Brewer has until the end of the week to sign the budget, veto the budget or let it become law without her signature.
The governor vetoed a similar budget in July, saying that it "devastated schools, human services and public safety." But after a special session that took up most of July and August, GOP lawmakers couldn't rustle up the votes to put Brewer's proposed sales-tax hike on the ballot for voters to decide, so they passed what they could and called it quits.
In the meantime, Brewer has started new talks with Republican and Democratic leaders from the House and Senate. From what we hear, though, Democrats are starting to think that Brewer isn't very serious about including their ideas, and is just using them to get a better deal from the Republicans.
The state's financial condition remains lousy, according to the latest report from the Joint Legislature Budget Committee.
In July, the first month of our new fiscal year, tax collections continued to come in below expectations. The state collected an estimated $573 million in taxes, which was $33 million below the forecast for the month, and $65.5 million below July 2008. That means we're off to a bad start.
For the 18th straight month, sales taxes have declined compared to the same month one year ago—and for the ninth straight month, the decline was in double digits, at 18.4 percent. That's largely driven by a continuing drop in construction taxes (off by 37 percent compared to July 2008) and car sales (off by 14 percent). But the bean-counters note that the Cash for Clunkers program might lift car sales in next month's report.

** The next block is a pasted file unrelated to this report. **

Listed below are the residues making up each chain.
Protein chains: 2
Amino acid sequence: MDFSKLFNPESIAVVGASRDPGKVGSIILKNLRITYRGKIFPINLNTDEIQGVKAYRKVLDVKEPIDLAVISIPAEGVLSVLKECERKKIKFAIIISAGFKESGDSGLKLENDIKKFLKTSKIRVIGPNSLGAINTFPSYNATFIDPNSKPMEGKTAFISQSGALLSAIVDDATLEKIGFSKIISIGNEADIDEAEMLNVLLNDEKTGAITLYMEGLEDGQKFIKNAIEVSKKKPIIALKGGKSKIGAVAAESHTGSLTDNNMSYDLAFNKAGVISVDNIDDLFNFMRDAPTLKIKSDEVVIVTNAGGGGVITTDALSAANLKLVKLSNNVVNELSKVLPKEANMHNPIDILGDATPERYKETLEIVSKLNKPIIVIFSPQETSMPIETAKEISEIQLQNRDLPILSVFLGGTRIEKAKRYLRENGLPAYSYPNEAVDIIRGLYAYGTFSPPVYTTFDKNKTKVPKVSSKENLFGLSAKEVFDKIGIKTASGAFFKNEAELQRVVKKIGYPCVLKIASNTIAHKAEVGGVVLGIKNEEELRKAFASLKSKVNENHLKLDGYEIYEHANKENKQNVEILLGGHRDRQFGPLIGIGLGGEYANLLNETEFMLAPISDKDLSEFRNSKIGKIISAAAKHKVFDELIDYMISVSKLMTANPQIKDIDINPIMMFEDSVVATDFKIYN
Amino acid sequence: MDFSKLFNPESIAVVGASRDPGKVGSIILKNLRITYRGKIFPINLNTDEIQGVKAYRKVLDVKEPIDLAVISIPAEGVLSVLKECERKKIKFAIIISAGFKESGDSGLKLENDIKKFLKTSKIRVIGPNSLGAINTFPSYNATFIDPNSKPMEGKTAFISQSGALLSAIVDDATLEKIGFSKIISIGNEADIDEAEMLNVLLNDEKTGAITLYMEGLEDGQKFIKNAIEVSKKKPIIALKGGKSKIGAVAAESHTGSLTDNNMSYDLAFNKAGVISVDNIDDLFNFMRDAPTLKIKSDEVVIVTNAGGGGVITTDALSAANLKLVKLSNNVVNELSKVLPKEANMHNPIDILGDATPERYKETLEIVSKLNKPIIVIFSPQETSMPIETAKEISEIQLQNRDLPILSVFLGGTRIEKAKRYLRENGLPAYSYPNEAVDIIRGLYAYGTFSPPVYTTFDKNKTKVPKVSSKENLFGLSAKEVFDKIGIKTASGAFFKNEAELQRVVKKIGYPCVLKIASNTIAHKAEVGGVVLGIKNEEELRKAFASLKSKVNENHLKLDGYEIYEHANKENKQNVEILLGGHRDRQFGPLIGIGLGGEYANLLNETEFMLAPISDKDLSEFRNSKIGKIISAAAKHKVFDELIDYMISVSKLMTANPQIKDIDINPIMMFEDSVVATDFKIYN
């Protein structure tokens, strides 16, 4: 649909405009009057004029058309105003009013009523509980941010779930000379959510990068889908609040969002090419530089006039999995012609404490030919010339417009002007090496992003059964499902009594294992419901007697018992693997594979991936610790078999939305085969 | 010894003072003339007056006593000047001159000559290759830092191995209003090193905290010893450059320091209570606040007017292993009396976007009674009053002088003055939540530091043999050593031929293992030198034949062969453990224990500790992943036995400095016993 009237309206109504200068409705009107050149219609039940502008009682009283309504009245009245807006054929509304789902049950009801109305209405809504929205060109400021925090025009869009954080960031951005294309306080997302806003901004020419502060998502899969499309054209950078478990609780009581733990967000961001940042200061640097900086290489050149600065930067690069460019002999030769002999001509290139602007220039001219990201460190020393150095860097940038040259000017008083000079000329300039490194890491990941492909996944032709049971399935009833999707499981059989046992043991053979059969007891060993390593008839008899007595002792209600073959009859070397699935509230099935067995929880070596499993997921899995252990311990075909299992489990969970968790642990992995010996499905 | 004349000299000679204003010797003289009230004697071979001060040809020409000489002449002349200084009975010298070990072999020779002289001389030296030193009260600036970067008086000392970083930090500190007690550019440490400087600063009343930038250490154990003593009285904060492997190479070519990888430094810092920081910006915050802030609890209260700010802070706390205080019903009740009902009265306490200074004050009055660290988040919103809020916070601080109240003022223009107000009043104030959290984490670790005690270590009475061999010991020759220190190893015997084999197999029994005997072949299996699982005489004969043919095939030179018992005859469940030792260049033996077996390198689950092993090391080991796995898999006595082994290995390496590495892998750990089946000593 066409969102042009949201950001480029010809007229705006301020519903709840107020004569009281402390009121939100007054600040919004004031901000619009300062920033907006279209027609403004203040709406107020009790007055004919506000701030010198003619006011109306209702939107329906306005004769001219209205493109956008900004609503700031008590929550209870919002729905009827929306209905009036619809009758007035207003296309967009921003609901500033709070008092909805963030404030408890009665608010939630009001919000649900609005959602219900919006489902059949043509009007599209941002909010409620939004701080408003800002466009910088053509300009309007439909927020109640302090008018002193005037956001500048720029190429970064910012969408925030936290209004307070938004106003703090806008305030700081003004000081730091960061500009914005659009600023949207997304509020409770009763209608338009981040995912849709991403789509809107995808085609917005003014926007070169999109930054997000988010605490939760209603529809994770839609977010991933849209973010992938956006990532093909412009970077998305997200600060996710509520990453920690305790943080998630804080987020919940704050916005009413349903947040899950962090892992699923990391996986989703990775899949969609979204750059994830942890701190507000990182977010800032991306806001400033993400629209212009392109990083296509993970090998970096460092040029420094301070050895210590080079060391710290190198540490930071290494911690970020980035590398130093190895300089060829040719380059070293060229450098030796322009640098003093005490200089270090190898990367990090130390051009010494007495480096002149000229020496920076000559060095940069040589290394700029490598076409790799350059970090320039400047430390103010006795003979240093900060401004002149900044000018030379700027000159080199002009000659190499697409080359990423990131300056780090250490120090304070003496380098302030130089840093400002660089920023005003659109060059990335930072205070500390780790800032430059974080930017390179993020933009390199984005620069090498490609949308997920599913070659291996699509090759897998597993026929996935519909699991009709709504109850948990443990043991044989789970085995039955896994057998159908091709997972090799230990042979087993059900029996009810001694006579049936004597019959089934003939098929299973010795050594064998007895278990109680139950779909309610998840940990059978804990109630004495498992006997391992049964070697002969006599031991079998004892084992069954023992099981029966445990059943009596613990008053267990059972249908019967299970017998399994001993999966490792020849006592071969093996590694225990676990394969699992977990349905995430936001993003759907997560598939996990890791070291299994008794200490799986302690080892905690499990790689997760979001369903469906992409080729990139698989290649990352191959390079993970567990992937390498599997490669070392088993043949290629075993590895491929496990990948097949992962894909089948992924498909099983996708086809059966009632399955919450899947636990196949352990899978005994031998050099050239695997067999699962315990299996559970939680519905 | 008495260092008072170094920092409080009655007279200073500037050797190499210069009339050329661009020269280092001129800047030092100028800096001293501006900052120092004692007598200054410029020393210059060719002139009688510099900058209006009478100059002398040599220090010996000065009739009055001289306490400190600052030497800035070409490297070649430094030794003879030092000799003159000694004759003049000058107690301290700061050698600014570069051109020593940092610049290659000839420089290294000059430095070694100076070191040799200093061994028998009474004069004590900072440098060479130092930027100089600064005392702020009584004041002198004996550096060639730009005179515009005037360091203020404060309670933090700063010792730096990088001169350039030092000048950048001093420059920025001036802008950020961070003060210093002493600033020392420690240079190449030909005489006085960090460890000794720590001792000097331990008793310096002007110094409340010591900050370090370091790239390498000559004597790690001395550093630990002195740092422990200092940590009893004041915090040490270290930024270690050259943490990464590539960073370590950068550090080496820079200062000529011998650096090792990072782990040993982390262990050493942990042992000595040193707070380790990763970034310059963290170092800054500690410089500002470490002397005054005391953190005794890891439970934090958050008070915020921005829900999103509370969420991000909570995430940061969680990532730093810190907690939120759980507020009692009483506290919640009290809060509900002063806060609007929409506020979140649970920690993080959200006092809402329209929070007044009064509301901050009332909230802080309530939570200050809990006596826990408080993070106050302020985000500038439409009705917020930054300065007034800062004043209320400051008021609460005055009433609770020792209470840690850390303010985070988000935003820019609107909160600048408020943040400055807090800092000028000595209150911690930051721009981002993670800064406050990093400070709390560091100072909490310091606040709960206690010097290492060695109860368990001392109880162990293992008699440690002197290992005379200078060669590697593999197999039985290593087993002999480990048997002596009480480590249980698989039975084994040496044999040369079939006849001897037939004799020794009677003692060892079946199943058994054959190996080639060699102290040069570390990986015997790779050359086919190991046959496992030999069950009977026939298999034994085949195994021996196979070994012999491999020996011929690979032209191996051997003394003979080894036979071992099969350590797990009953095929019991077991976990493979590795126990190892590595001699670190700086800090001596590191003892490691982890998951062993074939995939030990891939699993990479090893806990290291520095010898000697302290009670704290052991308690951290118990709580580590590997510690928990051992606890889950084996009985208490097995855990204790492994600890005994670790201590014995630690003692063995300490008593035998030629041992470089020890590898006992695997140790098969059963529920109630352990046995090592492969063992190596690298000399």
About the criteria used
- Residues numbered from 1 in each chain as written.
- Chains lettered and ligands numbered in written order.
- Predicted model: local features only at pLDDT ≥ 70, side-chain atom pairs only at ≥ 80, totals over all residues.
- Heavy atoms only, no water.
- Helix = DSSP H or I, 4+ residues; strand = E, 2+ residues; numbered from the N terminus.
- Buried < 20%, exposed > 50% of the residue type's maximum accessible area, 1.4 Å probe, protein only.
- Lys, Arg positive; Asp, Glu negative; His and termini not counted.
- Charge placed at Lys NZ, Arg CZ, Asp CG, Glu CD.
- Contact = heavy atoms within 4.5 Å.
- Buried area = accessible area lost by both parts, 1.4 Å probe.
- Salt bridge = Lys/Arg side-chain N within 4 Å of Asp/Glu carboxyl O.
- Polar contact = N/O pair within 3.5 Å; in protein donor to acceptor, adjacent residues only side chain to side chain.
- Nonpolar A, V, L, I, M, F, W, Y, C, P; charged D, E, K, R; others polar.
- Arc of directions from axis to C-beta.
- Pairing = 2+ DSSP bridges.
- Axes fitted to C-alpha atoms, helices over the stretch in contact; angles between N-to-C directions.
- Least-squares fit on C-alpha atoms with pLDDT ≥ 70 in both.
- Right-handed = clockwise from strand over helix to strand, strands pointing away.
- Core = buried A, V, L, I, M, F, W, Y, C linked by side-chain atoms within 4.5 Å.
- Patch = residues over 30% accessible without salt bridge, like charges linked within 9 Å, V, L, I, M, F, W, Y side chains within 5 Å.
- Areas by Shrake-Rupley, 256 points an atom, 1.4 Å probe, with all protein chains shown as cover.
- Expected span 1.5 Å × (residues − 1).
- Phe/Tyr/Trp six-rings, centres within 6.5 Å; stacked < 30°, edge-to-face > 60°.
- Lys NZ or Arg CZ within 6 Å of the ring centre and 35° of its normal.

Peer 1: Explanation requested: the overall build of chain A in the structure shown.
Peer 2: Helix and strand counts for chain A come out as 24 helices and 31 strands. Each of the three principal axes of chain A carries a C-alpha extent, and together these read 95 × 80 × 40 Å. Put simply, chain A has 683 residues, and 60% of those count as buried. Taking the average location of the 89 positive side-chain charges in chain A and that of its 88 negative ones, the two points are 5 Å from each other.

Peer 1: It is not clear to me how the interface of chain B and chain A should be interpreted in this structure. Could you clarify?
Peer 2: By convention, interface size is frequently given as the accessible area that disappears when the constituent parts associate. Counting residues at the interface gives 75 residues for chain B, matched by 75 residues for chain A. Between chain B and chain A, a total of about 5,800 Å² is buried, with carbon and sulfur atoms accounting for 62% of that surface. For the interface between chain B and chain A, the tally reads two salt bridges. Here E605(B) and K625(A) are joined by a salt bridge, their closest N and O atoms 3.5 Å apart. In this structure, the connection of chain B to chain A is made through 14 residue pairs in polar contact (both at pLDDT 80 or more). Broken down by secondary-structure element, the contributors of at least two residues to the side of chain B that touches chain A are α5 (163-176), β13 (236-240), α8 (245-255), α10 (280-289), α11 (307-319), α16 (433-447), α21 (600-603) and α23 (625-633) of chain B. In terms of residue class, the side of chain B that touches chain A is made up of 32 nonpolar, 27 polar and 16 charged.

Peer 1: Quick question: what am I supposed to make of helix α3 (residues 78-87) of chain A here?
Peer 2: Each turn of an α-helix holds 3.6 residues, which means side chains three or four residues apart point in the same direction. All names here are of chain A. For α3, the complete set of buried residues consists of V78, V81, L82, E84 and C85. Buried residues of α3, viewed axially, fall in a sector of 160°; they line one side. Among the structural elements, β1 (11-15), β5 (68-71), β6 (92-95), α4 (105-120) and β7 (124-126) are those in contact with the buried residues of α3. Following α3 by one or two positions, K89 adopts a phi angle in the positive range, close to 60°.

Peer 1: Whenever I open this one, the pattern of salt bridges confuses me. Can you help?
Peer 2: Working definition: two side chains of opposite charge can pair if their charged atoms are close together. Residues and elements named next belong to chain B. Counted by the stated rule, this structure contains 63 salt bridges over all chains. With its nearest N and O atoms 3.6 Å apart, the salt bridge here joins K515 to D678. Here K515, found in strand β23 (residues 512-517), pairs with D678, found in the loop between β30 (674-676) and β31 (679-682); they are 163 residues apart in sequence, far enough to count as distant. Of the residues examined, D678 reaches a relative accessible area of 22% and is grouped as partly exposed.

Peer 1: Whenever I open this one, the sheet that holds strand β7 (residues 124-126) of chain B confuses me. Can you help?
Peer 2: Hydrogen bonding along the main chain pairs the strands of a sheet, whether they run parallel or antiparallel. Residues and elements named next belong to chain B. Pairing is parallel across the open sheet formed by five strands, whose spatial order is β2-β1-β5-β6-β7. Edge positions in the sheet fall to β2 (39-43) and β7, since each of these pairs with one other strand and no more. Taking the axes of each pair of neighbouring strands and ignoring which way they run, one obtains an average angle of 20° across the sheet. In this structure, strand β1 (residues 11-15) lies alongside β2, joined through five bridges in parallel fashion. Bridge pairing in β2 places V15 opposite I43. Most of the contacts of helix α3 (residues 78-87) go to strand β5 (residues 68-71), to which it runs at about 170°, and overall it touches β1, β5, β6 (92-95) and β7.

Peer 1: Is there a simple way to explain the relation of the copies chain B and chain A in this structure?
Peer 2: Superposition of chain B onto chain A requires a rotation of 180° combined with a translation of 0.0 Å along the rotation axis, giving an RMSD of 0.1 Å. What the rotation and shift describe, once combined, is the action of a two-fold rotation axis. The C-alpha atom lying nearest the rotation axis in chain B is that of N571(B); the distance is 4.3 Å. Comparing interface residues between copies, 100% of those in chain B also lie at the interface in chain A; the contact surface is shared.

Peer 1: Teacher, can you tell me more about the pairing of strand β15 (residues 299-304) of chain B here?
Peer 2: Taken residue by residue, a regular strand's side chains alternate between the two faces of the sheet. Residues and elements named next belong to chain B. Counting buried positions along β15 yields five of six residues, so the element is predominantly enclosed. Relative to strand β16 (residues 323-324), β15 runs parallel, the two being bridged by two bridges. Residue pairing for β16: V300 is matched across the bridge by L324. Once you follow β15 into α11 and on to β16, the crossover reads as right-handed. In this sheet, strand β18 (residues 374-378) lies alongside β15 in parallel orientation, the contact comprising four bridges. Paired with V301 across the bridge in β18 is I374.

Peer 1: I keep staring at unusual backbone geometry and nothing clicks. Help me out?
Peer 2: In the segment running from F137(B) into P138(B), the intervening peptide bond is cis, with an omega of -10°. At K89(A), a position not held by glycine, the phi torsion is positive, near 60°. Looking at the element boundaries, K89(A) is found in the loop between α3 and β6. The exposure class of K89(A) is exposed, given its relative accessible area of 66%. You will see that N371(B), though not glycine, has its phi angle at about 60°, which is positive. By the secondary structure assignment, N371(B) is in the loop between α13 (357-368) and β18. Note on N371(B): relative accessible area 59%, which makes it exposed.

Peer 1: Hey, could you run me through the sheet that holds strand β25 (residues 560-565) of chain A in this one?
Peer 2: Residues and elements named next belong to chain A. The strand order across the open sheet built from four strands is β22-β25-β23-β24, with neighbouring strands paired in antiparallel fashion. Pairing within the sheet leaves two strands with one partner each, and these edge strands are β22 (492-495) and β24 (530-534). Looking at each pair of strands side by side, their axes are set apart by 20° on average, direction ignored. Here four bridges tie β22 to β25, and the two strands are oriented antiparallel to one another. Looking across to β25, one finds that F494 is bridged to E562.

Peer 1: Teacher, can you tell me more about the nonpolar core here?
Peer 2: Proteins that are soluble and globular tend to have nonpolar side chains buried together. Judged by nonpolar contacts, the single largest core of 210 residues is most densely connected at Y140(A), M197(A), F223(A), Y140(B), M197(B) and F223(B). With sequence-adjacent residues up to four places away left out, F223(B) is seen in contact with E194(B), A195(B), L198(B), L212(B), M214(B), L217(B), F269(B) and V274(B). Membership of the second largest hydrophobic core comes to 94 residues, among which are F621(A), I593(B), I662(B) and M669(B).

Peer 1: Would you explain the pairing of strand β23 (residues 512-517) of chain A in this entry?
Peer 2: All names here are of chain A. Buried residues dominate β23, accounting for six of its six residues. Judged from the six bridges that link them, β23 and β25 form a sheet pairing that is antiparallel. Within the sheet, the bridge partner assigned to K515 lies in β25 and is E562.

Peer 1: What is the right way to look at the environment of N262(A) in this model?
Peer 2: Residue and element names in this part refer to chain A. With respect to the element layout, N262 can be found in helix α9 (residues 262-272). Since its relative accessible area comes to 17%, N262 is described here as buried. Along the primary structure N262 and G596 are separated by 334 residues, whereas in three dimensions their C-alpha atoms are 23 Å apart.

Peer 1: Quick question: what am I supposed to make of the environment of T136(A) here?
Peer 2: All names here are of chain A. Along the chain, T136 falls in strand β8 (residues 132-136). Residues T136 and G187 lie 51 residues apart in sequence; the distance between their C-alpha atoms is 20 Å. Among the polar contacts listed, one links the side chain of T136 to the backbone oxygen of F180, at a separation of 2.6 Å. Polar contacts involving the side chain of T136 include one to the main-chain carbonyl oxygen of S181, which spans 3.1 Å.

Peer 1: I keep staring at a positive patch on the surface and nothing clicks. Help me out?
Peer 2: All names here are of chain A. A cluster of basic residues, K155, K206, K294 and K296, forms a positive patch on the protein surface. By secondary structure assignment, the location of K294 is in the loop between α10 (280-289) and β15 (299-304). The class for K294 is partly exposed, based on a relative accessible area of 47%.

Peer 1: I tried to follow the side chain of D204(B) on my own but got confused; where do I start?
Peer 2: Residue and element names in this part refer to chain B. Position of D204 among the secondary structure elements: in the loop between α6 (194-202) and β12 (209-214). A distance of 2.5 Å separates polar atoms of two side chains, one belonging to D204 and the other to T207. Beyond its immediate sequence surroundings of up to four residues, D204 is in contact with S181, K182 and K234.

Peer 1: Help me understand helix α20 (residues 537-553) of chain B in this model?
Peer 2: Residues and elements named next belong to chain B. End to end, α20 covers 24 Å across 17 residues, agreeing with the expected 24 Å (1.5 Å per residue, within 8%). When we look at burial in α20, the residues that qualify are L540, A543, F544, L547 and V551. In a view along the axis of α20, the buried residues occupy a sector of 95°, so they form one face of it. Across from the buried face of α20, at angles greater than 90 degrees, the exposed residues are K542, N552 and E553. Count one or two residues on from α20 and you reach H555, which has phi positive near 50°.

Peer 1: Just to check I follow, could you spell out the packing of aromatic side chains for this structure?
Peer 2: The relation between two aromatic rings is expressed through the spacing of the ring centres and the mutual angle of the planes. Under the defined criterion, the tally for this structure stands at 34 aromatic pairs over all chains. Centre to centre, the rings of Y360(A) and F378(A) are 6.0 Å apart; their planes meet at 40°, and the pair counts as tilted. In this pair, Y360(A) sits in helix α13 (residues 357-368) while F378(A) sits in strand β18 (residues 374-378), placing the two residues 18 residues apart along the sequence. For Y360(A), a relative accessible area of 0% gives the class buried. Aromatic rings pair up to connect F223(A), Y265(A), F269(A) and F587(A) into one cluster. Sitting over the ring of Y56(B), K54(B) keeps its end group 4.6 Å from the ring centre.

Meanwhile, income taxes dropped 11.5 percent from July 2008 and were $29 million below the forecast for the month.
The good news: Lottery tickets sales were up by $4.1 million over July 2008. Guess people must really be feeling lucky out there.
CONTEXT IS EVERYTHING
As regular readers of the Tucson Weekly blog know, Dan Shearer of the Green Valley News and Sun (which, like the Weekly, is part of Wick Communications) recently caught Republican Jesse Kelly, who wants to unseat Democratic Congresswoman Gabrielle Giffords in 2010, in a bit of technological trickery.
Kelly—who is already challenging Giffords to debates, even though (a) the 2010 election is 14 months away, and (b) Kelly has yet to win the nomination to be the actual GOP candidate—sliced and diced some of my comments on Arizona Illustrated to make it appear as though I was saying he had risen to the top of the GOP pack.
My actual point: Kelly has risen to the top of the GOP pack because the heavy hitters remain on the sidelines.
There's no shortage of local Republicans who would like to be in Congress: State Sen. Jonathan Paton, state Rep. Frank Antenori and Republican National Committeeman Bruce Ash are just a few of the potential GOP candidates.
The fact that they're not in the race right now says one thing: They don't think Giffords is vulnerable. If she does become vulnerable—and that may have far more to do with the national mood at the start of 2010 than anything that Giffords does—they'll move in and swat Kelly aside.
In the meantime, they're content to let him run up and down the field, because they know he's not scoring any touchdowns. But they're not going to stand aside and let him be the next congressman from the 8th Congressional District.
By the way: After Shearer busted him, Kelly took down the clip.